Analysts predicted that Russian banks would be the main losers from the introduction of the digital ruble while retailers would save on fees. The benefits to consumers using the new digital currency are not clear, as they may not be paid any interest or cashback.
It is believed that the launch of the Russian digital ruble is causing losses to banking institutions
Commercial banks could lose up to 50 billion rubles a year (nearly $715 million) on introducing a digital version of the ruble, according to projections prepared by financial experts at Yakov and Partners, the former Russian division of management consultancy McKinsey.
Meanwhile, retail chains can increase their income by up to 80 billion rubles every year, the authors of the research believe, citing the Russian edition of Forbes magazine. At the same time, consumers may not receive any interest on their balances or cashback for their transactions.
Experts are of the opinion that the digital ruble occupies a privileged position in the domestic retail payment market, taking part of the share of card payments. Banks’ losses are mostly due to diminished revenue from the commission they get for processing these payments. Retailers will benefit from savings on acquisition fees and from instant payments that are faster than card transfers.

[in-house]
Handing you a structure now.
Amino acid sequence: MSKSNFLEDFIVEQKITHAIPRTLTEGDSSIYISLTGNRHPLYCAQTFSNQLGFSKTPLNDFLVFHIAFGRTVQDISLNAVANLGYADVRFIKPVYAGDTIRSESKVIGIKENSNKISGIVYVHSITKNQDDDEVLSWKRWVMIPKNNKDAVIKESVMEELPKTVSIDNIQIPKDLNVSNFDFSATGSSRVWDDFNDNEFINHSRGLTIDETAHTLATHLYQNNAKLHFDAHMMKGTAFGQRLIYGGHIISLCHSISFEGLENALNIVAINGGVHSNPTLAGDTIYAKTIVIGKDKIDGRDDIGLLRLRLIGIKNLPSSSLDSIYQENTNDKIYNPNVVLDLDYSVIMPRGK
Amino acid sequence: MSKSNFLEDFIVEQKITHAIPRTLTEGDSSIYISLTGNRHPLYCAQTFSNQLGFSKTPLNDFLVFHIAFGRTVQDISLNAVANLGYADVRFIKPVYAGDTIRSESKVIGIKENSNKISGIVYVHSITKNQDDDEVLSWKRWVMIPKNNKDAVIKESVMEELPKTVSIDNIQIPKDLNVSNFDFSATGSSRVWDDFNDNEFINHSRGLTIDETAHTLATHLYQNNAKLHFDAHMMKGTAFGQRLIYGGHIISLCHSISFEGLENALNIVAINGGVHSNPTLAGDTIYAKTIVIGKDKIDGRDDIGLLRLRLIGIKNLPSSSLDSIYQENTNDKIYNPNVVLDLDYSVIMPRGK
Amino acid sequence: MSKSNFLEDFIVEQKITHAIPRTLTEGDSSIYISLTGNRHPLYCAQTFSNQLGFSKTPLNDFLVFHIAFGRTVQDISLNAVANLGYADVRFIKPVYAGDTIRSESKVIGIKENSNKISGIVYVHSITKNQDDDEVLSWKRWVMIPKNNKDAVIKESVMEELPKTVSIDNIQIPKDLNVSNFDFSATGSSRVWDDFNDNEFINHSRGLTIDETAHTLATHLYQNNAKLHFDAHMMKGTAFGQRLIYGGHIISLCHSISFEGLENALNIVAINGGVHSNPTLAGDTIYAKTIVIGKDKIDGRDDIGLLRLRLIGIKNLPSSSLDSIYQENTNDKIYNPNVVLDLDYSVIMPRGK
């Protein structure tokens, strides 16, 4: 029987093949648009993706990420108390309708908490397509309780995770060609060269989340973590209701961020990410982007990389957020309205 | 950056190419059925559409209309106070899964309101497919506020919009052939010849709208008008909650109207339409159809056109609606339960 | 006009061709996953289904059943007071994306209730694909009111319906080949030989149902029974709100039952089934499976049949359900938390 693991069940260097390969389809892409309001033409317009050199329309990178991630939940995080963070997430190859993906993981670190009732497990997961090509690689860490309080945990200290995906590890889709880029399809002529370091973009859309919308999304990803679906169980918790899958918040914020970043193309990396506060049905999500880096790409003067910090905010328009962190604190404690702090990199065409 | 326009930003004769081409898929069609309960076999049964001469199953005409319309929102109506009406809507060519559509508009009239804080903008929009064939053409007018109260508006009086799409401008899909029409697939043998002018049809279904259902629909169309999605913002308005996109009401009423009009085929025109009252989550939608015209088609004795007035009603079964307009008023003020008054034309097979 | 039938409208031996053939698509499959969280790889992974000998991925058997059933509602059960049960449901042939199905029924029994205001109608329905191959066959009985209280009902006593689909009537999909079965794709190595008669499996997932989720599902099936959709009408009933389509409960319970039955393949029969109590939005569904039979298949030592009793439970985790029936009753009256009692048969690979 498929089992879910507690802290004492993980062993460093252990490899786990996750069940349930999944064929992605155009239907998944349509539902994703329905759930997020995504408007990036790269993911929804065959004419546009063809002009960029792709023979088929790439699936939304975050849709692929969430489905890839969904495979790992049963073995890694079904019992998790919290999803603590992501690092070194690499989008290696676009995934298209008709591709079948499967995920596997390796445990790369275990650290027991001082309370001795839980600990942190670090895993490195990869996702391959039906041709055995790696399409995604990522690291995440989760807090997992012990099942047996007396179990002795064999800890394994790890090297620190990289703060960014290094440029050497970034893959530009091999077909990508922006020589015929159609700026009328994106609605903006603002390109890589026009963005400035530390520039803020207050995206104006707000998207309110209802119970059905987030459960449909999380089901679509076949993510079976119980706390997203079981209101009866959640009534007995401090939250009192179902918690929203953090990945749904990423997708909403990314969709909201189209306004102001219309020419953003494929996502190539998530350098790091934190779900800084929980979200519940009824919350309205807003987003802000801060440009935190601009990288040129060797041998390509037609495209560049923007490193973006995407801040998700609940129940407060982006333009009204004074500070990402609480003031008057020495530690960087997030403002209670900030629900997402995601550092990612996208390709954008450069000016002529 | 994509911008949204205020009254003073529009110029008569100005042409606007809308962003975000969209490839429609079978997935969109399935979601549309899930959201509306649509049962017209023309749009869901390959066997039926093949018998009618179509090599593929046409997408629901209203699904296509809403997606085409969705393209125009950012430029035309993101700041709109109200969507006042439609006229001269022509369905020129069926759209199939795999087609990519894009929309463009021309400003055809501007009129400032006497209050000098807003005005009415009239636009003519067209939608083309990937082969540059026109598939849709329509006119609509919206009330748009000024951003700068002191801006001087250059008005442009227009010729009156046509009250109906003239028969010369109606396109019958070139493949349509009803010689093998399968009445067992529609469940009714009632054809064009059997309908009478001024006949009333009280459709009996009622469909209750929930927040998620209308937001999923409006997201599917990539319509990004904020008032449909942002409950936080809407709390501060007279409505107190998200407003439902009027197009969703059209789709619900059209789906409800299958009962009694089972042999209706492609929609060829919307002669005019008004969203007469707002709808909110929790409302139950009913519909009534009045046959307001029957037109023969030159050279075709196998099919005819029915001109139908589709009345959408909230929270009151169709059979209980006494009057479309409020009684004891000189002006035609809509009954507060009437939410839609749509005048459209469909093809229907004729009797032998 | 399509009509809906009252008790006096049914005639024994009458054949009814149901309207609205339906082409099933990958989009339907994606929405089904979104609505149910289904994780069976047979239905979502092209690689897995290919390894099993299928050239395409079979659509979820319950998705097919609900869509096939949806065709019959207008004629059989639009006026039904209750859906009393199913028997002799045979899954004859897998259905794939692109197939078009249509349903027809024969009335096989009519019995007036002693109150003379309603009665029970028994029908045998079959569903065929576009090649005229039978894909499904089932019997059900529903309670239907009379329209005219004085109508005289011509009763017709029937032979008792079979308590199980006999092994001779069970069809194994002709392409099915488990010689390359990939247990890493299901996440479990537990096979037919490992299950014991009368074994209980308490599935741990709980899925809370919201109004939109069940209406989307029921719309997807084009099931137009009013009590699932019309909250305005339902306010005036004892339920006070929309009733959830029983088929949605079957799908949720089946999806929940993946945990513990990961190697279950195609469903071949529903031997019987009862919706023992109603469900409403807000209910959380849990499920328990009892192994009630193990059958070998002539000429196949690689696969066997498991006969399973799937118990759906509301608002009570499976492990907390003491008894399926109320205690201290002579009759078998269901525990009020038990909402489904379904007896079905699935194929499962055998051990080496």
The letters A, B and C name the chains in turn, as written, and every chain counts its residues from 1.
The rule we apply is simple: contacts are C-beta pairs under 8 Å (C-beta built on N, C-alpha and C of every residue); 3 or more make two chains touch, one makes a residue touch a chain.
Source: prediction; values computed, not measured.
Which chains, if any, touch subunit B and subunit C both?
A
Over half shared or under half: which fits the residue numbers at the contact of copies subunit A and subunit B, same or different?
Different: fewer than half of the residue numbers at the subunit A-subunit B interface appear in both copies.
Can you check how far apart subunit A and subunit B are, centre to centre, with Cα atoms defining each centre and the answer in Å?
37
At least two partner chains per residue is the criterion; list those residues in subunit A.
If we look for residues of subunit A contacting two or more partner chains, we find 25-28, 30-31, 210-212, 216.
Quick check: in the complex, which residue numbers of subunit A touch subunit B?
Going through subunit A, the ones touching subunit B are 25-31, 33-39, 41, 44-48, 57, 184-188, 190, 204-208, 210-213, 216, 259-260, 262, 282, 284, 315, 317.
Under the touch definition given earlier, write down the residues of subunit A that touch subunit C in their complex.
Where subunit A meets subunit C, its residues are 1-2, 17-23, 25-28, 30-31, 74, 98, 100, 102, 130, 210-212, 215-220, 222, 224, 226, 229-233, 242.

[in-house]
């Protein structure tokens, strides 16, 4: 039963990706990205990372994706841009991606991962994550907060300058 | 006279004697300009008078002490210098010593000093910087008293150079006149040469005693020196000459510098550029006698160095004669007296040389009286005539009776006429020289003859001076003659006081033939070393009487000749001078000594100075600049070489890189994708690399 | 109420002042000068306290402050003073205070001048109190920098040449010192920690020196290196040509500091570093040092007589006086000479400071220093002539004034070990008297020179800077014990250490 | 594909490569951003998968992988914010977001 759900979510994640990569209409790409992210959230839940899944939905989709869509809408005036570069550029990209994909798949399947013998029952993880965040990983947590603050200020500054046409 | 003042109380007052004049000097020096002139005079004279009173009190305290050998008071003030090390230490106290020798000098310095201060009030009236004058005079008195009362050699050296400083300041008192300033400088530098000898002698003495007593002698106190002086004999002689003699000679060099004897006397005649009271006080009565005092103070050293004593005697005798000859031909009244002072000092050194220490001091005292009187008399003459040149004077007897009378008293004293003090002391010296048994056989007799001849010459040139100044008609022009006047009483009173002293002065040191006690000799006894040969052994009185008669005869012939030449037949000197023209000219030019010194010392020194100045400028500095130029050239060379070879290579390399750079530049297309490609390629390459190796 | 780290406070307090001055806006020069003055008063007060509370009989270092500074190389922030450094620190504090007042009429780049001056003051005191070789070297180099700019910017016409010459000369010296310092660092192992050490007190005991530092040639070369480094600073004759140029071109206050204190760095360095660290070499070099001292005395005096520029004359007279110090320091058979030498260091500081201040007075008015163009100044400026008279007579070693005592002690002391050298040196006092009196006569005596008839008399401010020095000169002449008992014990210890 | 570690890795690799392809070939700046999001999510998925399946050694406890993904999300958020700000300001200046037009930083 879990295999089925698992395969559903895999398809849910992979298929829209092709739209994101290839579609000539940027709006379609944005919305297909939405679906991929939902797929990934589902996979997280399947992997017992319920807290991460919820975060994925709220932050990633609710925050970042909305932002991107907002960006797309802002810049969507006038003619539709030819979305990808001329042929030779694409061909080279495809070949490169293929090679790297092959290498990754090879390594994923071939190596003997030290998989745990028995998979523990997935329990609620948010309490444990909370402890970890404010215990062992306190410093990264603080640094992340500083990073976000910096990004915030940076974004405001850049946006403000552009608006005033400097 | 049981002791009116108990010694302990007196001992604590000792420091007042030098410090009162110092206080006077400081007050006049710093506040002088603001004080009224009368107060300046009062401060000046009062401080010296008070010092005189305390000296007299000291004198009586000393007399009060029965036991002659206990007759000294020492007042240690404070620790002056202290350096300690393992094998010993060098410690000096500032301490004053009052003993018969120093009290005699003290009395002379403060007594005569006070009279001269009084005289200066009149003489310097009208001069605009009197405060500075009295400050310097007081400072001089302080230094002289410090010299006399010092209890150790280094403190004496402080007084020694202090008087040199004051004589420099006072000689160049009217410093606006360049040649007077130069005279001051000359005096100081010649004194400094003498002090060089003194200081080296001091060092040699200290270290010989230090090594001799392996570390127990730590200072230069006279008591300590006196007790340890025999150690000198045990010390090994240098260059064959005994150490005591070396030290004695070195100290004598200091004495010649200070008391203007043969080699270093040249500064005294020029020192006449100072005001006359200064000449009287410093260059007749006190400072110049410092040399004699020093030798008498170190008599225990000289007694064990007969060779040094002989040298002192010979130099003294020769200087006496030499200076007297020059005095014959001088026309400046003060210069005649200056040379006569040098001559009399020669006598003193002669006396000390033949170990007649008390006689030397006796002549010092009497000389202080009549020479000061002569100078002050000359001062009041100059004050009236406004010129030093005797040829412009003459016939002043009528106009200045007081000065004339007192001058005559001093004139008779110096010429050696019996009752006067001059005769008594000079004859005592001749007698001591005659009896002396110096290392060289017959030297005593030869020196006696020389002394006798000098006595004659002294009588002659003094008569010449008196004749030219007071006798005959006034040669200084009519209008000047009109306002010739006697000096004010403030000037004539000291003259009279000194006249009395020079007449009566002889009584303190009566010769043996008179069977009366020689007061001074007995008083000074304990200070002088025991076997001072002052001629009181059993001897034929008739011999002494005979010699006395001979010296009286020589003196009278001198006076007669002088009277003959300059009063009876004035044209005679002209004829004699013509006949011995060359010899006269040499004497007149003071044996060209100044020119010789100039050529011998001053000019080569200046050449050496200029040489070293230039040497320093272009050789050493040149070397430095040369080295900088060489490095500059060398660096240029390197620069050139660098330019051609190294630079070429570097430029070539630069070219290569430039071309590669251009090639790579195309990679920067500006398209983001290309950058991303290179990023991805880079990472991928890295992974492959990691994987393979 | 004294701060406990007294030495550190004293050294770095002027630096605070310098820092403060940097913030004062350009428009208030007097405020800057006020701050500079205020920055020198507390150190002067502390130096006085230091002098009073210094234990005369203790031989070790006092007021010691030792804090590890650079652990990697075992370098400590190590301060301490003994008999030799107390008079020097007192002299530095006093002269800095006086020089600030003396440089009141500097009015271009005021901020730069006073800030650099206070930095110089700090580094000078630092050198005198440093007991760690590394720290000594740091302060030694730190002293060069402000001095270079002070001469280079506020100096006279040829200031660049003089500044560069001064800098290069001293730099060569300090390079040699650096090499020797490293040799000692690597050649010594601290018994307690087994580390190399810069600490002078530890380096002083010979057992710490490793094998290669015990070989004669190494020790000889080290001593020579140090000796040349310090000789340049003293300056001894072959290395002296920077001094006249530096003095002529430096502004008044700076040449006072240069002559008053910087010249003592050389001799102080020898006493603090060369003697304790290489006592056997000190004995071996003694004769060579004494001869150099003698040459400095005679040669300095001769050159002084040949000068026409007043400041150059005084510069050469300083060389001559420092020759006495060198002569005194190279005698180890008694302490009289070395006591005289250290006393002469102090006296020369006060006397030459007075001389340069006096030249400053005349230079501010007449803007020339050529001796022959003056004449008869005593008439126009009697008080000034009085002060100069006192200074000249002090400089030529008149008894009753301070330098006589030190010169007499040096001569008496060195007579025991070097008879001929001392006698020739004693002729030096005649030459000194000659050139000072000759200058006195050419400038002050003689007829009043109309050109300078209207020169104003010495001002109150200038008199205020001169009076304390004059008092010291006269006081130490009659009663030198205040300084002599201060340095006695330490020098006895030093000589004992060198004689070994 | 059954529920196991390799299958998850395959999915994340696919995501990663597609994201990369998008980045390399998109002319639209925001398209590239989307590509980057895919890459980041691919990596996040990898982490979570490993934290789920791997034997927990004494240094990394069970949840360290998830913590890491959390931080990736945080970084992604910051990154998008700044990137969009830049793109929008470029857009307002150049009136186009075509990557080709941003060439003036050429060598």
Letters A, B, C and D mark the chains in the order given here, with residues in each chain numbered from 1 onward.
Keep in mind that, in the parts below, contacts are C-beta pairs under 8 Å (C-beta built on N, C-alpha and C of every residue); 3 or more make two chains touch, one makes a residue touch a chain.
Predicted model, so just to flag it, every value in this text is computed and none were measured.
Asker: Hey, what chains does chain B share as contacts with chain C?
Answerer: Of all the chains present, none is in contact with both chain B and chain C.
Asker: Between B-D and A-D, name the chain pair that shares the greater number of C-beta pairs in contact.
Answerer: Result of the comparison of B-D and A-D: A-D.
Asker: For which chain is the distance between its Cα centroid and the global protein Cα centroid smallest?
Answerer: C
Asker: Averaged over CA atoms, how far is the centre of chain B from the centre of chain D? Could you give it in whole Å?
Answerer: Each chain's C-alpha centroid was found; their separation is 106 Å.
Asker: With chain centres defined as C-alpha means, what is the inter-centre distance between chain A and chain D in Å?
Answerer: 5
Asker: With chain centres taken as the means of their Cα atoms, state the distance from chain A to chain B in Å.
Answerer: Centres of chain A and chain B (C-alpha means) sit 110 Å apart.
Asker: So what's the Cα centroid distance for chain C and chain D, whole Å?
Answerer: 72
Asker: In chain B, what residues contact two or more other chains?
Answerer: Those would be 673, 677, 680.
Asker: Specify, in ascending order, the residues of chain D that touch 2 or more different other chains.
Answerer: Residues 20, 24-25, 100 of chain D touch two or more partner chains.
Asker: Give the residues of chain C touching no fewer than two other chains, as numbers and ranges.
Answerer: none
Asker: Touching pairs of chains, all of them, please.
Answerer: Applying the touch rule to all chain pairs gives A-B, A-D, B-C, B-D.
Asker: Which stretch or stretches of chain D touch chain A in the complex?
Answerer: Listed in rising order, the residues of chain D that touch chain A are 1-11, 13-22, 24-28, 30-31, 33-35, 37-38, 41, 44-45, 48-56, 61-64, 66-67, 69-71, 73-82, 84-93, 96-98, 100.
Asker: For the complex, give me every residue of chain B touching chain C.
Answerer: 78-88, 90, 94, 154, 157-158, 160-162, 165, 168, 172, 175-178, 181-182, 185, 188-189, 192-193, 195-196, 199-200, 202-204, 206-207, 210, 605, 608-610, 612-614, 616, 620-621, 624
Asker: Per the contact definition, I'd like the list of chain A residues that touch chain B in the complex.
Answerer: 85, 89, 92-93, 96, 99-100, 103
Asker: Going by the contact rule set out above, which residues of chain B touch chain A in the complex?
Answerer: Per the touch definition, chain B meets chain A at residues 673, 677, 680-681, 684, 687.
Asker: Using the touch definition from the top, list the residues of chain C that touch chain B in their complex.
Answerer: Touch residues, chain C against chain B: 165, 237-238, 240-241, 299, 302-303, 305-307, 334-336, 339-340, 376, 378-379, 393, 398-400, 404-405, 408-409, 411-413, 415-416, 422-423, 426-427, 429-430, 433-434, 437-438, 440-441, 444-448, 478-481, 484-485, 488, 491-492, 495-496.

Benefits to consumers are not guaranteed because the concept of the Russian Central Bank’s digital currency (CBDC), electronic cash, does not envisage the accumulation of interest on property, unlike bank deposits. They are also likely to lose the cash back that banks currently pay for transactions with their cards, as the report notes and details:
The digital ruble does not have obvious advantages in terms of convenience in daily use, and international experience shows that lower purchase costs do not lead to lower prices or slower price growth, but only increase retailers’ profits.
The digital ruble, issued by the Bank of Russia, is supposed to become the third form of the Russian national currency, after cash and electronic money. It is intended to be used as a means of payment and a store of value but is not intended to replace bank deposits or payments.
The project was first announced in October 2020 and the prototype was completed in December of the following year. The beta phase started in January of 2022, with the monetary authority planning to start trials with real transactions and users in April of 2023 and aiming for a full launch in 2024. A bill on the digital ruble was submitted to the Russian parliament last January.
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